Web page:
12 November 2010

TODAY's message to the White House on Bowles/Simpson

I think it's now quite obvious that unless the President is actually a stealth defender of Wall Street privilege, it was a mistake to appoint the Bowles/Simpson commission. Bowles is on the board of Morgan Stanley and is about as fiscally conservative as any Democrat. Why is it that when Republican presidents appoint token Democrats to commissions, they appoint the most Conservative Democrats they can find, but Democratic presidents feel impelled to appoint not only extremely conservative Republicans but conservative Democrats as well? It's just painfully obvious that this commission, and particularly its co-chairs, was stacked and biased from very beginning in favor of plutocratic interests and perspectives.

Anyway, to the point. The recommendations of this commission are a stab in the back of all the principles on which the President ran. They should not even have DISCUSSED social security. Social security is off budget and fiscally sound. It's like noticing your house is on fire and saying, oh, maybe we should fix the windows in the toolshed. It's obvious that these plutocrats on the commission hate social security because it represents a program that doesn't benefit their class... the top 1% or so of wealthy Americans. The very idea that the debt should be reduced on the backs of low-income seniors is out and out offensive and the President must reject this notion completely and vociferously.

Then, there's their tax proposals, which are so utterly regressive and anti-working people that the President just MUST come out right away and say, thank you, but this is a DEAD LETTER and if something resembling it is passed, it will be VETOED.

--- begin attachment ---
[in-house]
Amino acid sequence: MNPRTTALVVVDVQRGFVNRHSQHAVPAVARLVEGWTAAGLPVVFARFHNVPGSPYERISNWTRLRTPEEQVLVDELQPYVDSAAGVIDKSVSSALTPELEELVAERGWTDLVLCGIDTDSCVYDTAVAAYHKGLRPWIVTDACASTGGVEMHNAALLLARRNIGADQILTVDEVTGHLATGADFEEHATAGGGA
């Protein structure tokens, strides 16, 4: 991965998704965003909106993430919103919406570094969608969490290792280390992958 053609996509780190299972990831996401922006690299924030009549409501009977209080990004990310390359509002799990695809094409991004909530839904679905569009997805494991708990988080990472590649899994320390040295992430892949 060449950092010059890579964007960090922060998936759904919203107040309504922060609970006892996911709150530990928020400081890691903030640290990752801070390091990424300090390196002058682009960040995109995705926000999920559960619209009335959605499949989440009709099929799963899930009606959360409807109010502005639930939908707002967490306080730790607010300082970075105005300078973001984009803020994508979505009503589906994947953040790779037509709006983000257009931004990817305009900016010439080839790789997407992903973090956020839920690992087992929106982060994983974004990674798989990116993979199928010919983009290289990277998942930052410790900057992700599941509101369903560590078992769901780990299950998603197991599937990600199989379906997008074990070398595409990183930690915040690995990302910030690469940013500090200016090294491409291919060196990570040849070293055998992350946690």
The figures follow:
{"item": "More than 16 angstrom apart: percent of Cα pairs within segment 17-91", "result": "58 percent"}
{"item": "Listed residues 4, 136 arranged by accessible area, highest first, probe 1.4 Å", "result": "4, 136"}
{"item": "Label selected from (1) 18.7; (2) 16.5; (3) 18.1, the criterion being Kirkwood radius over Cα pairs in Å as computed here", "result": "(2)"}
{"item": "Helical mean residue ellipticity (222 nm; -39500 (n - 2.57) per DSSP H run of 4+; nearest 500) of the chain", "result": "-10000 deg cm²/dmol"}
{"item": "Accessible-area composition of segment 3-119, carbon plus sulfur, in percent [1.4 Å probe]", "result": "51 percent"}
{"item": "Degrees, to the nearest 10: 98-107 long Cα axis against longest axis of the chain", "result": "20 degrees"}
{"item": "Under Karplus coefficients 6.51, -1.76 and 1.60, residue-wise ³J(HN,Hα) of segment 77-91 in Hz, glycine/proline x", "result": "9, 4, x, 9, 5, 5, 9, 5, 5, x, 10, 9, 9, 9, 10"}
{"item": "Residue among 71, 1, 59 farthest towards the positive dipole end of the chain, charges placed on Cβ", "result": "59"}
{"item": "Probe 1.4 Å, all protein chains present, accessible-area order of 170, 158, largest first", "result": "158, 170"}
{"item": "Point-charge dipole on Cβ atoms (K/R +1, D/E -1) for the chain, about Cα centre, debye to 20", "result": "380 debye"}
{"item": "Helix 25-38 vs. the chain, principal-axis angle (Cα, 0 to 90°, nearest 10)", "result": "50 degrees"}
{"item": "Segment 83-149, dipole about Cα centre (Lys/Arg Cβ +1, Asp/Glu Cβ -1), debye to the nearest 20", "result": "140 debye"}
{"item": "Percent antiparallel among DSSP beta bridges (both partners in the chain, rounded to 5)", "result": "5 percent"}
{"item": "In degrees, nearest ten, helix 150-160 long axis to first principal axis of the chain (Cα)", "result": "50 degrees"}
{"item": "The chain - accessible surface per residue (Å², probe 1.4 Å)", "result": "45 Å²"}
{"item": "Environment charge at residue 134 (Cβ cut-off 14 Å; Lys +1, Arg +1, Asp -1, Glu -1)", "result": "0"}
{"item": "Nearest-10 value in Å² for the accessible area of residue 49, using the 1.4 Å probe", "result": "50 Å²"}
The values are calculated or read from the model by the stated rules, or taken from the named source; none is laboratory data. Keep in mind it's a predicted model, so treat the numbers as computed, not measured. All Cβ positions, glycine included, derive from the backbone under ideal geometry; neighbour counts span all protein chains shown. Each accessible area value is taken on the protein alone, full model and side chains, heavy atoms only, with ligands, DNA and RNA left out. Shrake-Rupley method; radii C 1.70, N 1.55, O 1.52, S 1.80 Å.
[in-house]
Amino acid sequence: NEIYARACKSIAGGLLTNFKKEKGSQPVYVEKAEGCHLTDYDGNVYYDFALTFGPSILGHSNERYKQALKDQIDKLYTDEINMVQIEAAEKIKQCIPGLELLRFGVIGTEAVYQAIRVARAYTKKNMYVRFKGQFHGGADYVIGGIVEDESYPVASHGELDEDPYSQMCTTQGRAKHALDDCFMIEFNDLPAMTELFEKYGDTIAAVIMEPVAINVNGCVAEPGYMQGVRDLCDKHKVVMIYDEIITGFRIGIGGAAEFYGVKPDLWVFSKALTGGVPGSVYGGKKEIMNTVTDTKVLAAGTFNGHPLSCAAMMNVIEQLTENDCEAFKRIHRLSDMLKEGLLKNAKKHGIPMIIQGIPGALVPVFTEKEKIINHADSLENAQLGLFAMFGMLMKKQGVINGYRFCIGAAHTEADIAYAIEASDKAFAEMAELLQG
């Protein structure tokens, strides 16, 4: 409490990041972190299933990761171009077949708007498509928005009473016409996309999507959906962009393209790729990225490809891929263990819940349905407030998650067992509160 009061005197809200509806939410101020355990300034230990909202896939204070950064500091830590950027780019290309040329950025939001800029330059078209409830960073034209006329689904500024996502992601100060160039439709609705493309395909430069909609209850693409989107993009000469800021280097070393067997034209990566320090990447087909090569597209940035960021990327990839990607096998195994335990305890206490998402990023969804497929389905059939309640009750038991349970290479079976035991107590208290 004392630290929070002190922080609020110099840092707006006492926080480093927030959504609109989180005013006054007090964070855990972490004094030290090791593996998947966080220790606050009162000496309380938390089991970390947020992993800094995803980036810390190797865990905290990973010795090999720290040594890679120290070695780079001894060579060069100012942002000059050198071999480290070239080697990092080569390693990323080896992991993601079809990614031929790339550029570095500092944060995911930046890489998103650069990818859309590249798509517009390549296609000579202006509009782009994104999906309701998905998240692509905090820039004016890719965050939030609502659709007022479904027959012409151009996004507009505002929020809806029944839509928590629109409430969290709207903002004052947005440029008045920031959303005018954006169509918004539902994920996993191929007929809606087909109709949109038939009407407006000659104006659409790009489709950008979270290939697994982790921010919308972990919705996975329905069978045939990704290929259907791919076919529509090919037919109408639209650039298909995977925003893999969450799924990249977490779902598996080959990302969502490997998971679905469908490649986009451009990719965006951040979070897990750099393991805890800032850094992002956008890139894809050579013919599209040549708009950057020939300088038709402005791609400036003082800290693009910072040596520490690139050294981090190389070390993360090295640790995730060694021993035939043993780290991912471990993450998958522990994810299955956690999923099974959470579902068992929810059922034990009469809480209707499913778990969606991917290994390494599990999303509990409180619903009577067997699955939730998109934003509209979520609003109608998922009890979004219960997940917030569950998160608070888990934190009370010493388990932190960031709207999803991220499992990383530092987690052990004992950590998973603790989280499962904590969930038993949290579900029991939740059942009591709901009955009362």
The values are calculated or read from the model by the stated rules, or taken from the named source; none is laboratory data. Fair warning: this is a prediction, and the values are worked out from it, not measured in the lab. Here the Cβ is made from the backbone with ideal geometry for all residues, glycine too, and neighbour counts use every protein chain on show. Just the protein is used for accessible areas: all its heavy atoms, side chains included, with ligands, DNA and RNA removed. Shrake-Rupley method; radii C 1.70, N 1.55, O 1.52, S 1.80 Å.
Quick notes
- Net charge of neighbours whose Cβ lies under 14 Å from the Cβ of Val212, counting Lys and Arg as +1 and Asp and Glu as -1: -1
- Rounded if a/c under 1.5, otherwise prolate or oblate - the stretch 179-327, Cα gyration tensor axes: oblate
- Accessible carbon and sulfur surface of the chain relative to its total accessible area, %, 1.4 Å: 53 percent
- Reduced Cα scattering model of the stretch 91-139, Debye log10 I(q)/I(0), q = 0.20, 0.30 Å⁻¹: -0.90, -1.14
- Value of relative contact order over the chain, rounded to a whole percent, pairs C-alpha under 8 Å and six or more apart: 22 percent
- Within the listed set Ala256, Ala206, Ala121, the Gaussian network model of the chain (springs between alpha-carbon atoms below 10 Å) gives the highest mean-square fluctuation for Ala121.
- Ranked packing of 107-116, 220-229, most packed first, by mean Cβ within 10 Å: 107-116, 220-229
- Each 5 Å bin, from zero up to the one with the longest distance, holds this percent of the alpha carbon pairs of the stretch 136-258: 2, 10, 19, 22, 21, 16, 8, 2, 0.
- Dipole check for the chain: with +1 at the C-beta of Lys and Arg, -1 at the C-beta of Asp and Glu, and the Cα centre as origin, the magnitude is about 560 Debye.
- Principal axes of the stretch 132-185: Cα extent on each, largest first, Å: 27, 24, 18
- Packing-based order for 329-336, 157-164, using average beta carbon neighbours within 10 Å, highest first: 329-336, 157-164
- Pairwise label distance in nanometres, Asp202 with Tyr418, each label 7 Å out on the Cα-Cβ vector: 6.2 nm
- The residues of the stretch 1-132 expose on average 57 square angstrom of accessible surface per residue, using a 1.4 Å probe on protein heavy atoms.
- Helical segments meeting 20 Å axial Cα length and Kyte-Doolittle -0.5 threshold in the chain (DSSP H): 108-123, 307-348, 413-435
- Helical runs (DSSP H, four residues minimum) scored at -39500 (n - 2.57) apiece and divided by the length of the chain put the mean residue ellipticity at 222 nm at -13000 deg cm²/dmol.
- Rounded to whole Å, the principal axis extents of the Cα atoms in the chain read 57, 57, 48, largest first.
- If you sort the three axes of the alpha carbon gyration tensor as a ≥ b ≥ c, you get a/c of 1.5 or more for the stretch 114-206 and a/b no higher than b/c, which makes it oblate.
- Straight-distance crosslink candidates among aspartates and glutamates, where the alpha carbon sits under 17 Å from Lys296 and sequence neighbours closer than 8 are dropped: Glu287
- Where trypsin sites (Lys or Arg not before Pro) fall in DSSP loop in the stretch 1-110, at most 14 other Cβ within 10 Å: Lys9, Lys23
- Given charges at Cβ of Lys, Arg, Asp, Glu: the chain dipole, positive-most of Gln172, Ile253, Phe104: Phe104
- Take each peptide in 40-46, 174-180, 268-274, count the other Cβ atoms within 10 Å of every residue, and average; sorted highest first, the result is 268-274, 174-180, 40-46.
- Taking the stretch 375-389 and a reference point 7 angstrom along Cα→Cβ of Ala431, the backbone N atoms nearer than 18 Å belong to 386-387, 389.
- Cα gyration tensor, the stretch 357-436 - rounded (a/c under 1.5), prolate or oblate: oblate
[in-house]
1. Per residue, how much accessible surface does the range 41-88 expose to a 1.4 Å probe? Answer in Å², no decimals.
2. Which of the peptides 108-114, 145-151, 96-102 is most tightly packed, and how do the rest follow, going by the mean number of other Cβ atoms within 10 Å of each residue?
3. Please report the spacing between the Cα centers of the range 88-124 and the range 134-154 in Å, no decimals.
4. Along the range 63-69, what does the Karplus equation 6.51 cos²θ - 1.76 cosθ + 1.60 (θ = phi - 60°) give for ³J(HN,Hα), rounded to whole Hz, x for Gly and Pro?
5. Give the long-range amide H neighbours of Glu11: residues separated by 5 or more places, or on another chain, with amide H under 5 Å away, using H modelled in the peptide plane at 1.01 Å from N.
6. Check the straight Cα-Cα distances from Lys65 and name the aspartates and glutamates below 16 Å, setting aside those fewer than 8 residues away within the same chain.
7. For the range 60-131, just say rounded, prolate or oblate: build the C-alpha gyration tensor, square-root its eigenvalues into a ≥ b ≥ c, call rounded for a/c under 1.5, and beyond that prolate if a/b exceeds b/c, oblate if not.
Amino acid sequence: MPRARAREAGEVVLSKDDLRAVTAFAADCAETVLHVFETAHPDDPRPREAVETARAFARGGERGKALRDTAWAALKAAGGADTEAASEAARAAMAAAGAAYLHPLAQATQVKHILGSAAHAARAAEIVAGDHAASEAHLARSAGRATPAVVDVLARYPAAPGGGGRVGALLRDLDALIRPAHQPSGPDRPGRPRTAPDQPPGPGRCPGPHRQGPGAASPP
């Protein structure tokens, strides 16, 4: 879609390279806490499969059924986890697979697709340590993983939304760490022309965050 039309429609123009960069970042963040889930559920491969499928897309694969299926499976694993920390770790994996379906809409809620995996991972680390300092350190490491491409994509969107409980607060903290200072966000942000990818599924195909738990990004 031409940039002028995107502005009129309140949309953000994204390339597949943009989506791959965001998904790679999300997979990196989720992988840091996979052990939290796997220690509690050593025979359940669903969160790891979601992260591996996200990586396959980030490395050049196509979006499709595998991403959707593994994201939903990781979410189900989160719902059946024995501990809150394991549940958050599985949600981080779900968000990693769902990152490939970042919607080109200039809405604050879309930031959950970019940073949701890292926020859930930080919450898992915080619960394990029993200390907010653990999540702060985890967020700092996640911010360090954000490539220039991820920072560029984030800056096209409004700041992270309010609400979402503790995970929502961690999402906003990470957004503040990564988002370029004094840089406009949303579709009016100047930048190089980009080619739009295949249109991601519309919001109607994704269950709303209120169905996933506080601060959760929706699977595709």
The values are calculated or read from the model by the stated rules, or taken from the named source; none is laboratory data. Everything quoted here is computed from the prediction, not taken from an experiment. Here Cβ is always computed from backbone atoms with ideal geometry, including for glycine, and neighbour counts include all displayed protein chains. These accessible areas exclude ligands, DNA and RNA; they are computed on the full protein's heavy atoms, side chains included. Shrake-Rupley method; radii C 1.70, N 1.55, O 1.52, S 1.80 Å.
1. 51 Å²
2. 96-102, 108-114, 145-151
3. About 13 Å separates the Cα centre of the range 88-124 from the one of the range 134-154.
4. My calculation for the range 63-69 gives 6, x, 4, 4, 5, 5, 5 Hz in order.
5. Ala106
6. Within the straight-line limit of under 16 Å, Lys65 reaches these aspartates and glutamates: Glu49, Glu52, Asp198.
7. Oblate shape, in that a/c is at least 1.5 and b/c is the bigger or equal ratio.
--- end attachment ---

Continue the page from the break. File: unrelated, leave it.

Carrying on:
The President must get the message. People didn't turn away from him because he was too progressive. They turned away from him out of frustration that there was too much dealing in Washington, too much kowtowing to the banks and other wealthy interests, and too little principled commitment to the tenets on which he ran for office. He must reaffirm the commitment to rebuilding America, reforming Wall Street, and PROTECTING working peoples' and seniors' interests (especially social security and medicare). The Tax Cuts for the Very Rich must go, and tax reform must shift more of the burden to the very richest Americans. Other than that, the deficit and debt ARE NOT the priority right now, in the midst of the worst recession since the 30s.

Stop listening to Axelrod, Geithner and Summers. Bring in Stiglitz, Reich, Krugman, and, especially, David Cay Johnston. Then the tax and budget policy will conform to what the president ran on, and, believe me, TAKE A CHANCE ON IT: the people WILL RESPOND positively and the president and our party will win in 2012.

Thank you.

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